What many of its visitors may not be aware of is that the greater part of Ellis Island — Islands 2 and 3, or the South Side, which house 30 of the 33 original structures — remained untouched up until 2005, when historical conservation groups successfully petitioned grant money to restore the remaining buildings. Northern Island 1, where immigrants disembarked on their gateway to citizenship, is perhaps most enduring as a landmark. But the southern islands, which housed the hospital buildings for physically and mentally ill passengers, tell an equally valid though largely forgotten part of the immigrant experience. These are where passengers who arrived ill or unfit passed time in fitful uncertainty of their chances of staying in America.
Wilkes’ photographs span the years from 1998, when he first set foot on the island, through 2003. The book shows us the island as it will never be seen again — neither the operating Ellis Island as it exists in historic prints, nor the restored buildings that will be open to visitors in the future — but the building as a presence in between. The exoskeleton of the buildings are intact, yet in an advanced state of decay, with paint peeling from the walls, sinks littered with dust and debris, and foliage growing up through holes in the floor and wrapping themselves around the bars of windows. The rooms that Wilkes wanders through do not seem abandoned as much as inhabited by some strange lingering presence. Scraps of furniture, like a chair perched beside the window in a long-forgotten measles ward or a steamer trunk resting as the sole object in an isolation room, litter the floors and hallways as infrequent but startling reminders of the history the buildings contain. It’s these artifacts that are the main element of Wilkes’ images, and are most revealing of the object of the photographer’s obsession, which is — as the title rightly suggests — an island of ghosts.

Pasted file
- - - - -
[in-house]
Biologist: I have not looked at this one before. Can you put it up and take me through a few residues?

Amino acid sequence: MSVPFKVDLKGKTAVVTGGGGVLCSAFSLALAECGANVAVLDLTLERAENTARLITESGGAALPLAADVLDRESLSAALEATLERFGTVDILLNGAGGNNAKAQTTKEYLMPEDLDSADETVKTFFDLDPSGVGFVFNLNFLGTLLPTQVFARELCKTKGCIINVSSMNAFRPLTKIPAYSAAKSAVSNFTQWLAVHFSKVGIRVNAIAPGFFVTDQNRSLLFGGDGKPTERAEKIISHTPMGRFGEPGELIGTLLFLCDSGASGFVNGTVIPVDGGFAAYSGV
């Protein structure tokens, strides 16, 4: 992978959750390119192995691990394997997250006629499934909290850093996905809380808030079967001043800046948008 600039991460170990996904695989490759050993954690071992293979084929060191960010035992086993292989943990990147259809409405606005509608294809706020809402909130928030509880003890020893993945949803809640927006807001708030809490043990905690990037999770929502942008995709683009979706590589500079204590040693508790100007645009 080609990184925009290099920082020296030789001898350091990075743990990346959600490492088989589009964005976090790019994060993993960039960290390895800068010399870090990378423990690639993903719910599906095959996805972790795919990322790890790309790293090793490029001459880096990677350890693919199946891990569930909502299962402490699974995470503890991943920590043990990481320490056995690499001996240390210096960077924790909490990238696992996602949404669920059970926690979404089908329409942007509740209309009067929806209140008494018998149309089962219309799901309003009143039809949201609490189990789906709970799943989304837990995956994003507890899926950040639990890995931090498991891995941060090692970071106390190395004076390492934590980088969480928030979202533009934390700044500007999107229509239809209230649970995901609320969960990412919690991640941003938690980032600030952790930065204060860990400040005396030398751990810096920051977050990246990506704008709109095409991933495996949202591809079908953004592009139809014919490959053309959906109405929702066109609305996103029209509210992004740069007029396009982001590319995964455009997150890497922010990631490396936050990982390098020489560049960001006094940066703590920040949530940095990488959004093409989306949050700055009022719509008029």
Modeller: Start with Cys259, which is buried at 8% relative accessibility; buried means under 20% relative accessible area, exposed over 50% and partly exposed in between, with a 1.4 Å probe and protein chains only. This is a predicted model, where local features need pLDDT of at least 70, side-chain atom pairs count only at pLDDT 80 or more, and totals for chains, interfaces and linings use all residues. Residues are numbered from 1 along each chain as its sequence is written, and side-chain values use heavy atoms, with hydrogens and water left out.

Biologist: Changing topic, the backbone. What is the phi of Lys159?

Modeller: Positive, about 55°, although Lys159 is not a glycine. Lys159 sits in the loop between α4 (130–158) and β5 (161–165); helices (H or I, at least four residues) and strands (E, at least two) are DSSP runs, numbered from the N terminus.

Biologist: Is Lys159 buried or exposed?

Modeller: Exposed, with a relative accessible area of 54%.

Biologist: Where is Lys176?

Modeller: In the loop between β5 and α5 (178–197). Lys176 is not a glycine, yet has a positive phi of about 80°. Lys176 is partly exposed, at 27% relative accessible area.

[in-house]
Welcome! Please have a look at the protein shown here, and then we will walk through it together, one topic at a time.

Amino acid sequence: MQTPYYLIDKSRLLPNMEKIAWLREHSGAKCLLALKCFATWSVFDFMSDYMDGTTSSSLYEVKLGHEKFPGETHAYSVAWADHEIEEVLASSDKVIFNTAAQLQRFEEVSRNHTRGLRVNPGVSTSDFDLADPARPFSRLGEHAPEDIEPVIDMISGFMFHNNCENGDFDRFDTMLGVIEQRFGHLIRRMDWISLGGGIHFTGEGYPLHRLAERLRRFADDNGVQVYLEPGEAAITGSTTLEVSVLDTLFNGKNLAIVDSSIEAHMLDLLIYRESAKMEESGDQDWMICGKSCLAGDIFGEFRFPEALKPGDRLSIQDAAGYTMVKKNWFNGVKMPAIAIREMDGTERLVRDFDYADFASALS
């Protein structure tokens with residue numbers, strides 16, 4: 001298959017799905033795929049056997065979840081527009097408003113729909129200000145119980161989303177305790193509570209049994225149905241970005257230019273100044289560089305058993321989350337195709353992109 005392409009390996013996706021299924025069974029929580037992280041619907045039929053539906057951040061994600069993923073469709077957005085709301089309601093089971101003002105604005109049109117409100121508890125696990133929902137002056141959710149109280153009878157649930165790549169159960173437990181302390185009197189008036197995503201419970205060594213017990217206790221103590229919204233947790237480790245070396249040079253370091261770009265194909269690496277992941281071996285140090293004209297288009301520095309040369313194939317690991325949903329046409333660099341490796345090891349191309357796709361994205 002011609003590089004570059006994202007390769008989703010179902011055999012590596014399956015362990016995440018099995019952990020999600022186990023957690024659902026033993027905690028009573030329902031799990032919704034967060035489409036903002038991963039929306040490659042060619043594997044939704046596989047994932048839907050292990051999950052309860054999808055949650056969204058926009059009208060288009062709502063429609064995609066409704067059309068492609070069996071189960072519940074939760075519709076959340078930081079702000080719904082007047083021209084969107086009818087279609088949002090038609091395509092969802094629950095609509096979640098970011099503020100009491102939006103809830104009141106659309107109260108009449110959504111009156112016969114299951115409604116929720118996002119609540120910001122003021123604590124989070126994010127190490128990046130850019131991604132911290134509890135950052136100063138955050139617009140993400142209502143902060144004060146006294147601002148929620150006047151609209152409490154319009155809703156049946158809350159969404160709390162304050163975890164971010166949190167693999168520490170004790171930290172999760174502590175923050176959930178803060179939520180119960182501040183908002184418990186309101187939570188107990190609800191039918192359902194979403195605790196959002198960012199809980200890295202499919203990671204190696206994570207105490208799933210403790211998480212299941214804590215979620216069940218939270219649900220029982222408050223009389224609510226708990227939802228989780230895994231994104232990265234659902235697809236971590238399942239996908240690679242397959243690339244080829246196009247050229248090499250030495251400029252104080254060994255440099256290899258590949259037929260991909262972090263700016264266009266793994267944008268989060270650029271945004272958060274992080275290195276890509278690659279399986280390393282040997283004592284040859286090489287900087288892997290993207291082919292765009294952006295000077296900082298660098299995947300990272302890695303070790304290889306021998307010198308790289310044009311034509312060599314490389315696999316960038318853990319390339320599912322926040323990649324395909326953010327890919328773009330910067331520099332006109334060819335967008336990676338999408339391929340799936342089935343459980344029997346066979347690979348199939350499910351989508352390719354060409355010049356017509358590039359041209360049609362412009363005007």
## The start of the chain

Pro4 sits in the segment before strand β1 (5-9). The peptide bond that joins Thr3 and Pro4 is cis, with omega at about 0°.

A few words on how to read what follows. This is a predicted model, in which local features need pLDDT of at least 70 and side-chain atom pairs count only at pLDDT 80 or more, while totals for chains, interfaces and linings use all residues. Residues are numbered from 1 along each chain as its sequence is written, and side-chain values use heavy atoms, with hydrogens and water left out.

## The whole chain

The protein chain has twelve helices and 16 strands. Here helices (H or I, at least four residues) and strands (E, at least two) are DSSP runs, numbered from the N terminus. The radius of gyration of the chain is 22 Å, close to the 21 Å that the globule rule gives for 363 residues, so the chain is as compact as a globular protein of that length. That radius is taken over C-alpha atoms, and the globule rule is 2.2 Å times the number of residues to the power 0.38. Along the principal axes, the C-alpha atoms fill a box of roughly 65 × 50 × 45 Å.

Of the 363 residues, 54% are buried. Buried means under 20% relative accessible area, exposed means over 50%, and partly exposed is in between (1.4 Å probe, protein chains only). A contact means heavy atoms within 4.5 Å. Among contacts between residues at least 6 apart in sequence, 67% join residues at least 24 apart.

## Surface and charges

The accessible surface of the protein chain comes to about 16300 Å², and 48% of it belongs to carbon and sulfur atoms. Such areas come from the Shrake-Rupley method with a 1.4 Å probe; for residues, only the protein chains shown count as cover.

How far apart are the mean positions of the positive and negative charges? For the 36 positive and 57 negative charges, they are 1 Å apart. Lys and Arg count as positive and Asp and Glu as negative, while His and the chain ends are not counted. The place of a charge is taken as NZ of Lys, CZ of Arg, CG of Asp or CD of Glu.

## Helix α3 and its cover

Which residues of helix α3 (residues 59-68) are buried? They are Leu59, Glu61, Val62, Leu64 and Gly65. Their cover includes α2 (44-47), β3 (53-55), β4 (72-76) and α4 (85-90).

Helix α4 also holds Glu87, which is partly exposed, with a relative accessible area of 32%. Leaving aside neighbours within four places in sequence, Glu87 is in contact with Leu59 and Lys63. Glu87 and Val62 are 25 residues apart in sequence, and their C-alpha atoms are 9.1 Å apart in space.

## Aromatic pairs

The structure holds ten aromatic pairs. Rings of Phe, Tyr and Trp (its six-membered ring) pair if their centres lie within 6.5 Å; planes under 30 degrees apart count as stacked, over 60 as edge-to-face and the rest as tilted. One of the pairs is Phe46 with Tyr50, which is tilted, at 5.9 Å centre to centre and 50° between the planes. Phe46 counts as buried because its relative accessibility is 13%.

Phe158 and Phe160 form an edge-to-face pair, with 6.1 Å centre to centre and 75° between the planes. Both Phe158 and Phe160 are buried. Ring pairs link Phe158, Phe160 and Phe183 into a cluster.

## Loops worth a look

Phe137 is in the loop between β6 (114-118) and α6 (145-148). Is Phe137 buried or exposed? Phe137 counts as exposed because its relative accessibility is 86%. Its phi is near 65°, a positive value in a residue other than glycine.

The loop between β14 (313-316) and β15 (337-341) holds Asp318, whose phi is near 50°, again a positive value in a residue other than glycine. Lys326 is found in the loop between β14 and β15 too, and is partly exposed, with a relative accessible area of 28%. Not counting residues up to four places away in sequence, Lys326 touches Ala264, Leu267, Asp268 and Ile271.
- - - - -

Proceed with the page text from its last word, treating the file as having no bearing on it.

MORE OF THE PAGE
Big Sky: Wild West Panorama
By Tim Fitzharris